Older patients treated for heart attack at teaching hospitals are more likely to survive and receive better quality care than those treated at hospitals that do not train physicians, according to a national study supported by the Agency for Healthcare Research and Quality (AHRQ; Rockville, Maryland). In the report, published in the Sept. 13 issue of the Journal of the American Medical Association, researchers at the University of Alabama at Birmingham (Birmingham, Alabama) found that Medicare patients 65 and older receiving care for myocardial infarction at teaching hospitals were more likely to be alive two years after being discharged – the maximum follow-up period studied – than similar patients treated at non-teaching hospitals.
Most of the teaching hospital patients' lower heart attack death rate was due to having received better quality of care, according to the research. "This study underscores the importance of vigorously evaluating the outcomes and effectiveness of how and where we deliver health care services," said John Eisenberg, MD, director of AHRQ. "This is just as critical to improving health care quality as studying the outcomes and effectiveness of different medical treatments."
Robert Centor, MD, a senior author of the study, called the research, "the most extensive and in-depth study to date of quality of patient care and mortality according to hospital teaching status." The researchers found that the patients at major teaching hospitals – defined as academic medical centers with more than one intern for every 10 patients – more often were given aspirin during their stays, if appropriate, than non-teaching hospitals' patients (91.2% vs. 81.4%). The major teaching hospital patients were also more likely to be given beta-blockers and angiotensin-converting enzyme inhibitors upon discharge, when appropriate (48.8% vs. 36.5% and 63.6% vs. 58%, respectively). Usage rates for these drugs at minor teaching hospitals – facilities with one or fewer interns for every 10 patients – were lower than those of major teaching hospitals but higher than the rates for non-teaching facilities. The study found no significant differences between teaching and non-teaching hospitals in the use of angioplasty or thrombolytic drugs.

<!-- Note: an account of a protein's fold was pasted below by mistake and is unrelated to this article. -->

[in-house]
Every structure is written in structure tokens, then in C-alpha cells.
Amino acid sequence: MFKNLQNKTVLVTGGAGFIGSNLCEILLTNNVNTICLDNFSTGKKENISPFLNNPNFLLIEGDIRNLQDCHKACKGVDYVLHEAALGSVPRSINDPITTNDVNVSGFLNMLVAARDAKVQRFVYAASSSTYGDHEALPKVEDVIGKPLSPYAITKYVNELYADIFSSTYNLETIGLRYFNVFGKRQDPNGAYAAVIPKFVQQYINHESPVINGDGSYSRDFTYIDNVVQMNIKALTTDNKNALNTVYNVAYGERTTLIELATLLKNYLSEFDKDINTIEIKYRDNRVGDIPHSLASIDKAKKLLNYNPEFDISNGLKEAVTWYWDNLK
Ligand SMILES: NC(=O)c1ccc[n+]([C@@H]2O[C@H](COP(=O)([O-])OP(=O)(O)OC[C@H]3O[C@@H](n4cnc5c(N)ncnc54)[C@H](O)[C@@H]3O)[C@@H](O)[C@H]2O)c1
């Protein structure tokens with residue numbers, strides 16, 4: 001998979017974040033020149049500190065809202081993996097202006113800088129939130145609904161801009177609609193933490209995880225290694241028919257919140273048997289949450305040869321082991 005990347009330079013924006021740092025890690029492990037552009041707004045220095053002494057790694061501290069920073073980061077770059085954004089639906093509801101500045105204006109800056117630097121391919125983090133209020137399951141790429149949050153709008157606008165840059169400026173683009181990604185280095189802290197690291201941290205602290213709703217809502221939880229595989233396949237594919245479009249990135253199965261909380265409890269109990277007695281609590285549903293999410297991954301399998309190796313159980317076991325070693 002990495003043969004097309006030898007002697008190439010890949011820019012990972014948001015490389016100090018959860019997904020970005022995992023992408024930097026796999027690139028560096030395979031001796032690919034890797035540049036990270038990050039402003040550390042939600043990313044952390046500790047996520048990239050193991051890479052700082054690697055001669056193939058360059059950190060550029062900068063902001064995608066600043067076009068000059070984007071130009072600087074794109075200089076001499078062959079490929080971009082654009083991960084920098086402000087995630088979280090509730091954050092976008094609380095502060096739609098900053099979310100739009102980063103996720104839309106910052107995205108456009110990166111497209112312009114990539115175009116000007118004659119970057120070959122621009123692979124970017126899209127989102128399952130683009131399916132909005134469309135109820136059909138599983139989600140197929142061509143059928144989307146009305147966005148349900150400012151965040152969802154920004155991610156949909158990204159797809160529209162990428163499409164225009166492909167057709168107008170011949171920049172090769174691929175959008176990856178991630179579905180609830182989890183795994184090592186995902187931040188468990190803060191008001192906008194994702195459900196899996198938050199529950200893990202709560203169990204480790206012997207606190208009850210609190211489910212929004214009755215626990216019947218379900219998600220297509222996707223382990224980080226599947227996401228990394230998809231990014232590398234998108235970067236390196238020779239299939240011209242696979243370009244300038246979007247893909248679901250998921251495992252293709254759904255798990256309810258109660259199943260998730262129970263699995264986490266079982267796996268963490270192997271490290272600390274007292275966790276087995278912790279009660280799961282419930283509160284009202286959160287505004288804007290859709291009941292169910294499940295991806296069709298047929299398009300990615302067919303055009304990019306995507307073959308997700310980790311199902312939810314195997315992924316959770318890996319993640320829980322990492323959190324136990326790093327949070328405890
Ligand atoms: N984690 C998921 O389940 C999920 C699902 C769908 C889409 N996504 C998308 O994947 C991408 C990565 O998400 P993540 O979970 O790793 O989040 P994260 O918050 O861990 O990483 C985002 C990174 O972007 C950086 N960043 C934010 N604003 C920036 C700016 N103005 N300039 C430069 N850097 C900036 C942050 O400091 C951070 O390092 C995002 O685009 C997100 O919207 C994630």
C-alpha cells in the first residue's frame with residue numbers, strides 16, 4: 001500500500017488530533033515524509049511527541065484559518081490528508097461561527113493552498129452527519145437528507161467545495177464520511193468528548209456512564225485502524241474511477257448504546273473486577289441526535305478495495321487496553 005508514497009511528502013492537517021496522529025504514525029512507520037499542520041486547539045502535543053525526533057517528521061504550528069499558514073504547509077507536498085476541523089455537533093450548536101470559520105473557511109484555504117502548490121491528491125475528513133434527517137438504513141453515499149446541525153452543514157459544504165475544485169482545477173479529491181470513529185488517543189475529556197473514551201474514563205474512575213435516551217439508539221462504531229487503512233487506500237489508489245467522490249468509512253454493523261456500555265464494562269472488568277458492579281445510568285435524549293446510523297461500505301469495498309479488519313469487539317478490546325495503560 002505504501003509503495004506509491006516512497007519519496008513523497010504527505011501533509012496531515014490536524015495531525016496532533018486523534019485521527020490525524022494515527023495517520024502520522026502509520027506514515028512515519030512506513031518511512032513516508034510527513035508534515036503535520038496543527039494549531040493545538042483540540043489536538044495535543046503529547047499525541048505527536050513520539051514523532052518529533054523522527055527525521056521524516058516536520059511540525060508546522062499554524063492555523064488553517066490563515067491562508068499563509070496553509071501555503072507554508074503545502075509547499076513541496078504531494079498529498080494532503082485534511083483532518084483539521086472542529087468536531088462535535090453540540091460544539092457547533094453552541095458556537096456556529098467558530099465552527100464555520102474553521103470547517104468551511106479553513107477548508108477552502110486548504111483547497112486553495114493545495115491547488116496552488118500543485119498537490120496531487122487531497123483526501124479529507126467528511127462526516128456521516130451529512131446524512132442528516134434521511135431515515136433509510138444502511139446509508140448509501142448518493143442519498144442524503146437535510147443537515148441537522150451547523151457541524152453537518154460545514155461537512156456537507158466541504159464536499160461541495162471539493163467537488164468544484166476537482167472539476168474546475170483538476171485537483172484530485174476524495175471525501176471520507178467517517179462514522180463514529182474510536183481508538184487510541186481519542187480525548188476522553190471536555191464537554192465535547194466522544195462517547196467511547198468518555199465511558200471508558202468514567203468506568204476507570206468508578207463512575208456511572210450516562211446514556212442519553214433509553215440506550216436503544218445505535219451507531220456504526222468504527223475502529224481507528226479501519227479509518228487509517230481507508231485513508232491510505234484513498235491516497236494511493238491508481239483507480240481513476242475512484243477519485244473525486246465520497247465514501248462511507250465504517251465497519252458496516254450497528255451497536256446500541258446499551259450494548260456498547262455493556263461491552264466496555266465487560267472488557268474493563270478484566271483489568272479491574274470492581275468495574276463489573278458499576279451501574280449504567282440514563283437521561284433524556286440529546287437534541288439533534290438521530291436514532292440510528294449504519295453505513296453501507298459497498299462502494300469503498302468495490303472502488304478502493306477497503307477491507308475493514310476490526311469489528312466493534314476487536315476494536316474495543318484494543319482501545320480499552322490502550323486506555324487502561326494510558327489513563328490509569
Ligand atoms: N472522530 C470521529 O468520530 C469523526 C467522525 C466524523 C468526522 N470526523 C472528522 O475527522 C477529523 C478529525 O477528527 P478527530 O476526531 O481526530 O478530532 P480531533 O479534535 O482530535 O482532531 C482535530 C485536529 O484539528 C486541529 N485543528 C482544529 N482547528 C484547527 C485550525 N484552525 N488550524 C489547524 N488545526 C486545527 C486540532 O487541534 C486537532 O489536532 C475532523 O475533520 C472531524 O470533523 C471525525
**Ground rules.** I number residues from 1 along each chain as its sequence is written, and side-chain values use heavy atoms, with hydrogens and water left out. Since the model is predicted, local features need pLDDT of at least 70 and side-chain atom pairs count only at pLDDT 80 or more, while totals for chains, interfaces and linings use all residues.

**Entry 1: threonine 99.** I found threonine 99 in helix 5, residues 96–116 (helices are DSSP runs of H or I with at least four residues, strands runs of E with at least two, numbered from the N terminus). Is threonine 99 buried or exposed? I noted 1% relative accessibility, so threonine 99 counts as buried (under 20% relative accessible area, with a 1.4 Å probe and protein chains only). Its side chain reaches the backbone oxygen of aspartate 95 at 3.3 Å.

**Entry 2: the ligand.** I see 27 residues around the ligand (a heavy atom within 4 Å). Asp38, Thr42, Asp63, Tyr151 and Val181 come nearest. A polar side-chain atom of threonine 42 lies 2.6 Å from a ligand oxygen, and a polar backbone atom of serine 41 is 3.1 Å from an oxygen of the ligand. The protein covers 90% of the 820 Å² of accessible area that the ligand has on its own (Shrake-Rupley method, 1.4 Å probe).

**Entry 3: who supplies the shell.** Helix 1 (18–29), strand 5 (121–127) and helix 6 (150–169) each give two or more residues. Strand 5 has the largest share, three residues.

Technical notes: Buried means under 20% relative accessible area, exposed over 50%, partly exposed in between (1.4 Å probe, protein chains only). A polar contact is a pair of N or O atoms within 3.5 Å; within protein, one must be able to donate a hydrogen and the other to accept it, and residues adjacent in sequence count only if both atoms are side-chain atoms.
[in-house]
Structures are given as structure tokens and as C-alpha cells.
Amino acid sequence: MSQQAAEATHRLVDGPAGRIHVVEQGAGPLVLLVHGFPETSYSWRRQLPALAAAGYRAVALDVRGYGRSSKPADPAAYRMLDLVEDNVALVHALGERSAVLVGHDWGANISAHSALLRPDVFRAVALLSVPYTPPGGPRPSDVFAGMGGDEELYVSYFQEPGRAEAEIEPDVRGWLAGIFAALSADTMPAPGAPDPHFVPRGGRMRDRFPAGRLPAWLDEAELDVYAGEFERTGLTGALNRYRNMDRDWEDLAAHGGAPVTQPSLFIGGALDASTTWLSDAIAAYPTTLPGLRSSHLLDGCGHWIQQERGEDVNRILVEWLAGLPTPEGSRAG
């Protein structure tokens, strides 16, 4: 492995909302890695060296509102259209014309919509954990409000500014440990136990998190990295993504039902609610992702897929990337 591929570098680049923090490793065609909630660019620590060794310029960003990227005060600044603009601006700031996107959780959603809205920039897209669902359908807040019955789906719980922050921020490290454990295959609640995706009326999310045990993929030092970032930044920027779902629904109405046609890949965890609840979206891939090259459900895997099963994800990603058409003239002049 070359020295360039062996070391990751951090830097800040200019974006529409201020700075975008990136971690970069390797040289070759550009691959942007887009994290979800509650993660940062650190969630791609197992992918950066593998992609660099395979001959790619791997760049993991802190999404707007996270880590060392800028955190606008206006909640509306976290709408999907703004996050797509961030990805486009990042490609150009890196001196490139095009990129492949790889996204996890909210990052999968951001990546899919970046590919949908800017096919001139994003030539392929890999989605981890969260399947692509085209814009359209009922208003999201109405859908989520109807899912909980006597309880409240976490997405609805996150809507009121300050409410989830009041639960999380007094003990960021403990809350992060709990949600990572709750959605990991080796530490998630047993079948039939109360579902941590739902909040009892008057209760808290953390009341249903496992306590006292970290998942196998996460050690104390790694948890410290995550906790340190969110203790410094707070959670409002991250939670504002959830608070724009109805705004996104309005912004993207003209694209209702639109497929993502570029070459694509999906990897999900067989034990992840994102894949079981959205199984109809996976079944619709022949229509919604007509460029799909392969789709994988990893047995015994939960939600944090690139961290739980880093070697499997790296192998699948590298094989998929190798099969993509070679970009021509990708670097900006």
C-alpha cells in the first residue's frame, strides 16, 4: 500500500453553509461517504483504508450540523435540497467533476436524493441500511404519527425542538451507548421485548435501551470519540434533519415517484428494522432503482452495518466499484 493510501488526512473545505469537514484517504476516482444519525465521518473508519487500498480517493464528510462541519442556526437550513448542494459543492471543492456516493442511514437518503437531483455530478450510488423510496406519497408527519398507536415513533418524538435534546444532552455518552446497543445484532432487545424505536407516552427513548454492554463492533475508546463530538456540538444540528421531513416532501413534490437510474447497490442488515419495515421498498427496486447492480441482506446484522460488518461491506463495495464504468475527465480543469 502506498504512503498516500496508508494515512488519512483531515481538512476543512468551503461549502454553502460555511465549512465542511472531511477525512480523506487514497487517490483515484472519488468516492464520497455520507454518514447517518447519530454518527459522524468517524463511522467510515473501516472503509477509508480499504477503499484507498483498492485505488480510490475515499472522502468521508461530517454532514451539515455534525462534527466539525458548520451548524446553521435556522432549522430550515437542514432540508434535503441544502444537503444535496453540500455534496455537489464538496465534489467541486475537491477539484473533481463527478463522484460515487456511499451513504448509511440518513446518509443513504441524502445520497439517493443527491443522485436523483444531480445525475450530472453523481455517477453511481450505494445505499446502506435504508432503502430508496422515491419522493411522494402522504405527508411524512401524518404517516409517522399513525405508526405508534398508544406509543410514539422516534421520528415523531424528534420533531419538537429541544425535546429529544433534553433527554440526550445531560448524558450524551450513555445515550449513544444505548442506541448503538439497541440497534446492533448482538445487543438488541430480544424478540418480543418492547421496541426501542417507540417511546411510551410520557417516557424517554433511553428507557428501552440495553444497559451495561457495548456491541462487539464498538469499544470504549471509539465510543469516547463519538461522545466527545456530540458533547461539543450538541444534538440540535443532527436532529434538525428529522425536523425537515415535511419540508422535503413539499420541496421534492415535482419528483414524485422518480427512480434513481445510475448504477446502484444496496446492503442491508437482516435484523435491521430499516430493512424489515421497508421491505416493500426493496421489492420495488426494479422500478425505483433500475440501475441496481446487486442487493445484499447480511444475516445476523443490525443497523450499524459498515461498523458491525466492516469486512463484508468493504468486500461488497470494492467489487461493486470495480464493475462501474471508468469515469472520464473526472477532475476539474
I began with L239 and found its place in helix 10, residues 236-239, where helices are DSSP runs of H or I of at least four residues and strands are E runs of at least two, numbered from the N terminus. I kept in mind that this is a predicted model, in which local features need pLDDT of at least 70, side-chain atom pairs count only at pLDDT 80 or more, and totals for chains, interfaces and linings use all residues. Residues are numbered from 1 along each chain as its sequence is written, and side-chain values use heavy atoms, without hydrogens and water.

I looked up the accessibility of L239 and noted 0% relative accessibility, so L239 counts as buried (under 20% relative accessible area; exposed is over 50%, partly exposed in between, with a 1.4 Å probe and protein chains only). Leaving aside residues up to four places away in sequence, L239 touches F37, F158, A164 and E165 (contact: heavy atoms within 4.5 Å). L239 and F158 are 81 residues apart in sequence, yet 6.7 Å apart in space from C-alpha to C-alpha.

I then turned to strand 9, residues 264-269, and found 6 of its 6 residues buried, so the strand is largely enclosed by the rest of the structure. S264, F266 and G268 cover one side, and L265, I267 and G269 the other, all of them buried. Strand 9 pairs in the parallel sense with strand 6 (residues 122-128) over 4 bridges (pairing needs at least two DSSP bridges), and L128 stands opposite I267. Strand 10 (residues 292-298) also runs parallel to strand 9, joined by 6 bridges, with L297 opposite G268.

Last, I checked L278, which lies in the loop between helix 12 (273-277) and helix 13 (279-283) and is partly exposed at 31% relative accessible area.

The study was based on Medicare data on 114,129 randomly selected patients from all 50 states who were treated for heart attack from February 1994 to July 1995.
GRACE finding: holes in ACS treatment
Initial data from the Global Registry of Acute coronary Events (GRACE) suggest that acute coronary syndromes (ACS) are not being fully managed or treated with current therapies and that physicians are not using anti-thrombotics to their full potential. The findings were presented last month at the European Society of Cardiology (ECS) congress in Amsterdam, the Netherlands, by Keith Fox, MD, co-chair of the GRACE scientific steering committee, during the Euro Heart Survey Symposium and in various other presentations.
GRACE is considered the first comprehensive, multinational registry covering the spectrum of acute coronary syndromes. To date, data have been collected on 8,213 patients from 101 hospitals in 14 countries. The majority of the patients were male (66%), with a median age of 66. Only 8% to 10% of patients were included in the trials to capture data on real-world practice patterns on the full range of ACS, as opposed to trial data, which test hypotheses.
"Initial findings clearly demonstrate a need for better treatment practices," according to Fox, professor of cardiology at the Royal Infirmary of Edinburgh (Edinburgh, Scotland). "These results are a call to action for physicians worldwide to take advantage of new advances in ACS therapy."
The GRACE registry is run by an independent scientific committee and is supported by an educational grant from Aventis Pharma (Strasbourg, France).